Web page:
Obama food safety chief and former Monsanto lawyer Michael R. Taylor today defended the FDA's sting operations and armed raids against raw milk producers, including Pennsylvania Amish farmer Dan Allgyer, who is facing an injunction for selling milk across state lines. None of Allgyer's milk was contaminated. The agency's actions are likely to put him out of business.
"We believe we're doing our job," Taylor said at a presentation at the Ogilvy Washington public affairs group. He promised to "keep doing our public health job," and described his agency's campaign against raw milk producers as based on a "public health duty" and "statutory directive."
Taylor said he had a "quibble" with the notion that the agency is spending too much of its resources targeting boutique raw milk producers even as huge contamination outbreaks have occurred among large Iowa egg farms and elsewhere.
The FDA is in the midst of writing the critical regulations that will implement the Food Safety Modernization Act Congress passed last year with applause all around from the Obama administration, Democrats and Republicans despite ferocious opposition from small-farm advocates. The sweeping new law gives the agency extraordinary powers to detain foods on farms. It also denies farmers recourse to federal courts.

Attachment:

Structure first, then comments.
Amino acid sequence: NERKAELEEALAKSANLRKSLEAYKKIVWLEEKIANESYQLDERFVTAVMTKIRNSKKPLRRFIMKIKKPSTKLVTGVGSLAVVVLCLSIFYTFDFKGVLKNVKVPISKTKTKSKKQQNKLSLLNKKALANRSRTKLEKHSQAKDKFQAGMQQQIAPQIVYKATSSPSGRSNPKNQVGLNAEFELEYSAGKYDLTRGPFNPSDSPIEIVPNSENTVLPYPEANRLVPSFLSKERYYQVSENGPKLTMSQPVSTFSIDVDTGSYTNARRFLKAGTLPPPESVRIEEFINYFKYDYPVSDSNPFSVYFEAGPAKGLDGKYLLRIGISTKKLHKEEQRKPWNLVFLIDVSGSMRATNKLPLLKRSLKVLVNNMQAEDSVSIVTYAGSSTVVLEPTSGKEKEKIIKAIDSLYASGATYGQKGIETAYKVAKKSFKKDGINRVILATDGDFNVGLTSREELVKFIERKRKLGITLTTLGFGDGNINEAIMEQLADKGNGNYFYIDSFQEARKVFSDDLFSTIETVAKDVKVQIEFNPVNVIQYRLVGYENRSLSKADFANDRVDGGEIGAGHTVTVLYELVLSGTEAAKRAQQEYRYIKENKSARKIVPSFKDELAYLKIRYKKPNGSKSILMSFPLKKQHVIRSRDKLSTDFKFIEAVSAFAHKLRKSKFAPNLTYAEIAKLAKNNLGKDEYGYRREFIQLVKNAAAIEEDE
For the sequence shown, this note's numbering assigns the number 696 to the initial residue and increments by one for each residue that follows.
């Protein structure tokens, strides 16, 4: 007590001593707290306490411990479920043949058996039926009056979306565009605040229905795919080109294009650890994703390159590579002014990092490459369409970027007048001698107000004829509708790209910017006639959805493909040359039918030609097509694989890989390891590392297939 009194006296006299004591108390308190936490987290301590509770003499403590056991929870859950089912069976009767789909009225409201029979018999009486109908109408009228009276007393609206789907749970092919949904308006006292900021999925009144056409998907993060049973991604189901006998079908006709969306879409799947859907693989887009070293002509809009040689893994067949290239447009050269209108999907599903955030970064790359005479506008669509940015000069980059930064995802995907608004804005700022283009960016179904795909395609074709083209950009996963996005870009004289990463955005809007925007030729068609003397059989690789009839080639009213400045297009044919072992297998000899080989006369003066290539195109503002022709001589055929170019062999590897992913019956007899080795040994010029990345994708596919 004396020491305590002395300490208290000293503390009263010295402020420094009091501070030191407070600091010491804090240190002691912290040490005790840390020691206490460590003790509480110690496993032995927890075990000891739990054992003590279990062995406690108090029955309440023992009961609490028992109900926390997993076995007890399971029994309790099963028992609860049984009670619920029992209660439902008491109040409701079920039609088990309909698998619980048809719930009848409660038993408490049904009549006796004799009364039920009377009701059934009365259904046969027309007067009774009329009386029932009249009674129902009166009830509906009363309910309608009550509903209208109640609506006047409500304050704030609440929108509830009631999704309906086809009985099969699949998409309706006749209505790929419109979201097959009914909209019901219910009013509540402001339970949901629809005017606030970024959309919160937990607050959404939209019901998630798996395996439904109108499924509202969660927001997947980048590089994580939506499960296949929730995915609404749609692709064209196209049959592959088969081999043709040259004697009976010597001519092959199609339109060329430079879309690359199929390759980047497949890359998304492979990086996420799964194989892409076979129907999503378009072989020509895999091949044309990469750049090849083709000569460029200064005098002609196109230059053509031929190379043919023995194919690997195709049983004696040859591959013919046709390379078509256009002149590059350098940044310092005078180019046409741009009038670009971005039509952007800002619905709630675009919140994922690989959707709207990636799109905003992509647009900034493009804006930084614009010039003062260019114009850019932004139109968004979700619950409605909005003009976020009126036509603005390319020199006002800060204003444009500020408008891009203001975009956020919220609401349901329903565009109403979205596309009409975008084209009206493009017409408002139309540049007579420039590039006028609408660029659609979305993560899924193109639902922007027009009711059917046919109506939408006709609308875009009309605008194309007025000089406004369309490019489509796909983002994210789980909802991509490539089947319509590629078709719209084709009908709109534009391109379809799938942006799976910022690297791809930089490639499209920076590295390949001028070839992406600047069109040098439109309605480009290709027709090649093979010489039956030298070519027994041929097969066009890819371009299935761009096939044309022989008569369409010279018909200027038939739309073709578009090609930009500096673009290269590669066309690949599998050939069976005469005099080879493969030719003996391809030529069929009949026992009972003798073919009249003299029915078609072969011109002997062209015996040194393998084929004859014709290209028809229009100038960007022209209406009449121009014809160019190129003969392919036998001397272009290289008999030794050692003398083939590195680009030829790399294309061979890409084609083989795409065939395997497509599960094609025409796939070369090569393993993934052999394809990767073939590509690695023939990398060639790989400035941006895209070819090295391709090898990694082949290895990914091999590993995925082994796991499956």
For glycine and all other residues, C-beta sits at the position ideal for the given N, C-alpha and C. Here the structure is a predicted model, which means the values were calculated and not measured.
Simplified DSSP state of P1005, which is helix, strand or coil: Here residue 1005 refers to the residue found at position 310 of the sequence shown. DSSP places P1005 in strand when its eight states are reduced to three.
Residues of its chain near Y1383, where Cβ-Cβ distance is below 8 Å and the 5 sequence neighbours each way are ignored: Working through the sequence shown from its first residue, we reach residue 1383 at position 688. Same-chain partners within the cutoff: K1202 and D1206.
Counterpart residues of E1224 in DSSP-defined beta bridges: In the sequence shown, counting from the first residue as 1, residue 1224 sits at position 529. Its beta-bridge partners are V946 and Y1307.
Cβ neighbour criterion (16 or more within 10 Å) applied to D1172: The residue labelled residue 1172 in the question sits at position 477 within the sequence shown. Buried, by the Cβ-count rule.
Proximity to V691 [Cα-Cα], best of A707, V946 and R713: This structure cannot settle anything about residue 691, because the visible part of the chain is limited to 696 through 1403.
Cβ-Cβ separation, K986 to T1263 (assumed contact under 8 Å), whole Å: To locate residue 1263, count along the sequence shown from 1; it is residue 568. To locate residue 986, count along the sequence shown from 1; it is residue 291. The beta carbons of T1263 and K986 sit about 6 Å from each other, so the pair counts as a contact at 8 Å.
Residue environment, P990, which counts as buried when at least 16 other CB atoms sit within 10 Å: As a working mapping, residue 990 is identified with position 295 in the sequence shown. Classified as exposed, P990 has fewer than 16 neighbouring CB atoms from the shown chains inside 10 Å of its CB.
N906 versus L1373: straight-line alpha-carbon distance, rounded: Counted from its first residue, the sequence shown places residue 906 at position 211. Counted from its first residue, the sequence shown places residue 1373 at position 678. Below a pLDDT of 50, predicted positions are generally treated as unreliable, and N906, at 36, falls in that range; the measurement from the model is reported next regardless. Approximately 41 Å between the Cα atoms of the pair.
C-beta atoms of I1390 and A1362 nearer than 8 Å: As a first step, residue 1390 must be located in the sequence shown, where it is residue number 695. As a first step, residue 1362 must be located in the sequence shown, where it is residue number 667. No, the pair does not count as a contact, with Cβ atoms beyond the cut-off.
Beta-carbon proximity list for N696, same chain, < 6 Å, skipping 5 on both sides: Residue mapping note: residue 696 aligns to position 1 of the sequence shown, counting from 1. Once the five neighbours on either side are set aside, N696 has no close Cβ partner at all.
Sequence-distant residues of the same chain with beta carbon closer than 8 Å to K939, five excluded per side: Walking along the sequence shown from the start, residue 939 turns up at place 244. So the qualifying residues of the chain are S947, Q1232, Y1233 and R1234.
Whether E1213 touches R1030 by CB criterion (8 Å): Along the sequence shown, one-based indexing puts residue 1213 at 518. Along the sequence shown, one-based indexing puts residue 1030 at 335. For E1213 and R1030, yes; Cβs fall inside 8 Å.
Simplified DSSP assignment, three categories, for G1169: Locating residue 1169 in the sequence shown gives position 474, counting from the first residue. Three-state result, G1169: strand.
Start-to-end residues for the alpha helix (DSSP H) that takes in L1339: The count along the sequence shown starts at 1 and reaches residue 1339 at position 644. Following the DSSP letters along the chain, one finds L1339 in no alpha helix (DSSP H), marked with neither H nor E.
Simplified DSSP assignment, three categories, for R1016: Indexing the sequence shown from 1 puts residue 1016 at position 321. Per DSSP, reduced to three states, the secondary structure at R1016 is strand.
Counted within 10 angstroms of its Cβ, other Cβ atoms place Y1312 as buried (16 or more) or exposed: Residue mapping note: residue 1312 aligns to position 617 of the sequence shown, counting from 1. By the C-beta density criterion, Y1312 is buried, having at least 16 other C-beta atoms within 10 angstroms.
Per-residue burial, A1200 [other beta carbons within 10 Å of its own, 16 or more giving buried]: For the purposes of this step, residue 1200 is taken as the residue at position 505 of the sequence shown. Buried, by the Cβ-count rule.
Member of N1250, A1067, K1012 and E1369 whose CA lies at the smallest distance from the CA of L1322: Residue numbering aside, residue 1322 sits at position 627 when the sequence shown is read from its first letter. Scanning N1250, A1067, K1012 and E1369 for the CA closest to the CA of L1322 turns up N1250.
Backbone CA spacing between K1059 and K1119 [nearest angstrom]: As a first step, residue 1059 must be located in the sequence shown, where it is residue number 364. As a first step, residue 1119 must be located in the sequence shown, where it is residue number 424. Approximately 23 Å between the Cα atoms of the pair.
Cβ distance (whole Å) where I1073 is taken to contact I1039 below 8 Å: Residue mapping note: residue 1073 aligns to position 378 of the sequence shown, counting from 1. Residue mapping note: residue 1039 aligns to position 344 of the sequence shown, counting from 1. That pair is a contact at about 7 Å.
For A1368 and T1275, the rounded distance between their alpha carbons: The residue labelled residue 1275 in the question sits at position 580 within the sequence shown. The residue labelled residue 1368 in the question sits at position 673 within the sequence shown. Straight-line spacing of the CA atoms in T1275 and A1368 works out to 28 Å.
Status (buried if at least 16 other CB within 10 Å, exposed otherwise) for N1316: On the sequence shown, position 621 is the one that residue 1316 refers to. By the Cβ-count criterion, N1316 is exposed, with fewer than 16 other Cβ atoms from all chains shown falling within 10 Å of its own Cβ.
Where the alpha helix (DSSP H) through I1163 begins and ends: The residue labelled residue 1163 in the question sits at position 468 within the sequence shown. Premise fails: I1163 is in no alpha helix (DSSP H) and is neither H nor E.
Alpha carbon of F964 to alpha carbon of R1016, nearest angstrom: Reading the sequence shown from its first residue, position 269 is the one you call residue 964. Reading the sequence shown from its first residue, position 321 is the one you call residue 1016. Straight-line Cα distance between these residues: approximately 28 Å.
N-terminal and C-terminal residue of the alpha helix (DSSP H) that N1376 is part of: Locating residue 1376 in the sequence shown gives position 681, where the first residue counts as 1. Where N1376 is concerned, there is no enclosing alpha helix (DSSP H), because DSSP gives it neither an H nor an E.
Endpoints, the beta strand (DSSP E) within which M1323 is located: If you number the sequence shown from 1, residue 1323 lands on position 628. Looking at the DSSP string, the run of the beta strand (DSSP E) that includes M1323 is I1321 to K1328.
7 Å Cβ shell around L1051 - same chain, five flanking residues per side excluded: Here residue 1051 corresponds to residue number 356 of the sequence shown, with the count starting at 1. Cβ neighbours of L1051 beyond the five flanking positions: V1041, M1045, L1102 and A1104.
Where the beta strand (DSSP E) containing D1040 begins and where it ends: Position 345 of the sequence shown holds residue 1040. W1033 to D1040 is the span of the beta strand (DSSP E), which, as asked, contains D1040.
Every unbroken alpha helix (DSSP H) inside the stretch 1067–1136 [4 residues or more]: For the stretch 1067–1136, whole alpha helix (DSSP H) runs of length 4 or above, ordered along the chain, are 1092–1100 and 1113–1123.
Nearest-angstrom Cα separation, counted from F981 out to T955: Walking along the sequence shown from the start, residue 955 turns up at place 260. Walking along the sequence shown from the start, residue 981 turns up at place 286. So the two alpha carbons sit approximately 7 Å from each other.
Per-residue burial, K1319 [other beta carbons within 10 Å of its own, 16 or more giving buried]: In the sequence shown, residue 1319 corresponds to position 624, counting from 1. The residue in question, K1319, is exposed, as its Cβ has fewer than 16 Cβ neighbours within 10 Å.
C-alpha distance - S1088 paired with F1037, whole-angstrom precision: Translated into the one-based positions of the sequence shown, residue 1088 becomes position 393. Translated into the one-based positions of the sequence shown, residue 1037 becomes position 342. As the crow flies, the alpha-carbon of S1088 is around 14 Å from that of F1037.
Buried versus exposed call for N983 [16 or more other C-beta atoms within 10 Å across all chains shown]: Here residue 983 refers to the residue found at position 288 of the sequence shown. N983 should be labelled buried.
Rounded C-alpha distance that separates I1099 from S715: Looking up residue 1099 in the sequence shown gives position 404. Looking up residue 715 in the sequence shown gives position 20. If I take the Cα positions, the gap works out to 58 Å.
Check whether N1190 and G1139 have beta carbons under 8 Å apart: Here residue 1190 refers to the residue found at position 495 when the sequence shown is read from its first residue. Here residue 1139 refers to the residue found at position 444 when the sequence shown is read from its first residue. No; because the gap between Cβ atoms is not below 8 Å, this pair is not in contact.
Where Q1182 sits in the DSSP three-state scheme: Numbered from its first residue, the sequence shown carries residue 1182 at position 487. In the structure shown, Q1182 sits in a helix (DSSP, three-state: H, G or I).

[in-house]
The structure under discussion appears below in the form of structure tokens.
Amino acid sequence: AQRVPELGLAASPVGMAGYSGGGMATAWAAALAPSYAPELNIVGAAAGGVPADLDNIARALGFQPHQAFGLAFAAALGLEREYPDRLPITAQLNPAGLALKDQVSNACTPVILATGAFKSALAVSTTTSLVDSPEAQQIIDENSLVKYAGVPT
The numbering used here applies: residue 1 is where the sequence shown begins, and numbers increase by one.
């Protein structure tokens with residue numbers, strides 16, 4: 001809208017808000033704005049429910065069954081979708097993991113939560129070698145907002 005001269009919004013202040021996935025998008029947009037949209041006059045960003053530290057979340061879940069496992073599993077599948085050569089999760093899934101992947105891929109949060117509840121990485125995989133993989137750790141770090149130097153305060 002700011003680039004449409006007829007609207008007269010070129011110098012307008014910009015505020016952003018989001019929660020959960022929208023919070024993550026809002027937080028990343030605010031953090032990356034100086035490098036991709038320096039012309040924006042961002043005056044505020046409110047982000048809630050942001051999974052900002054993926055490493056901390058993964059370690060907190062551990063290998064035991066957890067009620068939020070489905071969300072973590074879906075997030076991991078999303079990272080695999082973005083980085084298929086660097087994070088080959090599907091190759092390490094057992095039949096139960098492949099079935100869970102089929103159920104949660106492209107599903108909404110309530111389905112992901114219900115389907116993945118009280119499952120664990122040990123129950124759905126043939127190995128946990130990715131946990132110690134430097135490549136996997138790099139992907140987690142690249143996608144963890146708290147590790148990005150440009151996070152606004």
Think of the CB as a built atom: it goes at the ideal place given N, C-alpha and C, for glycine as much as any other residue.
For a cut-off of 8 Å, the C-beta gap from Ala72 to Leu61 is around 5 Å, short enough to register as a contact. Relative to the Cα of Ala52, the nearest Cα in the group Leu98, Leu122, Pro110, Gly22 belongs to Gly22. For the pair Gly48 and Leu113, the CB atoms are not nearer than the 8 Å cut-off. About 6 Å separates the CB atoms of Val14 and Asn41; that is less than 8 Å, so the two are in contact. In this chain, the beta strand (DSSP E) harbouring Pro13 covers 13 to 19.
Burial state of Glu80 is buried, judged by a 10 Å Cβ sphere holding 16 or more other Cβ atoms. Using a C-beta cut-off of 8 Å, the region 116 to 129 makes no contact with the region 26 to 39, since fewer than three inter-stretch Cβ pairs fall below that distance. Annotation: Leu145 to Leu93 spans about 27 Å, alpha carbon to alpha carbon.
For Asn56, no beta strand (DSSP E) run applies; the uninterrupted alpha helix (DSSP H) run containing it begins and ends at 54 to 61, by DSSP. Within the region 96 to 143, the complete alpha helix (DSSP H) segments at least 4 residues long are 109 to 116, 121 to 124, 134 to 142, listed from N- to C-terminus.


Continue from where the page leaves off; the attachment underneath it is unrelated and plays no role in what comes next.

On July 3, the agency will issue its new rule to detain any food it believes is unsafe, or, more critically, "mislabeled." In Allgyer's case, the entire FDA case rests on a technical violation of a ban on interstate commerce in raw milk and alleged mislabeling.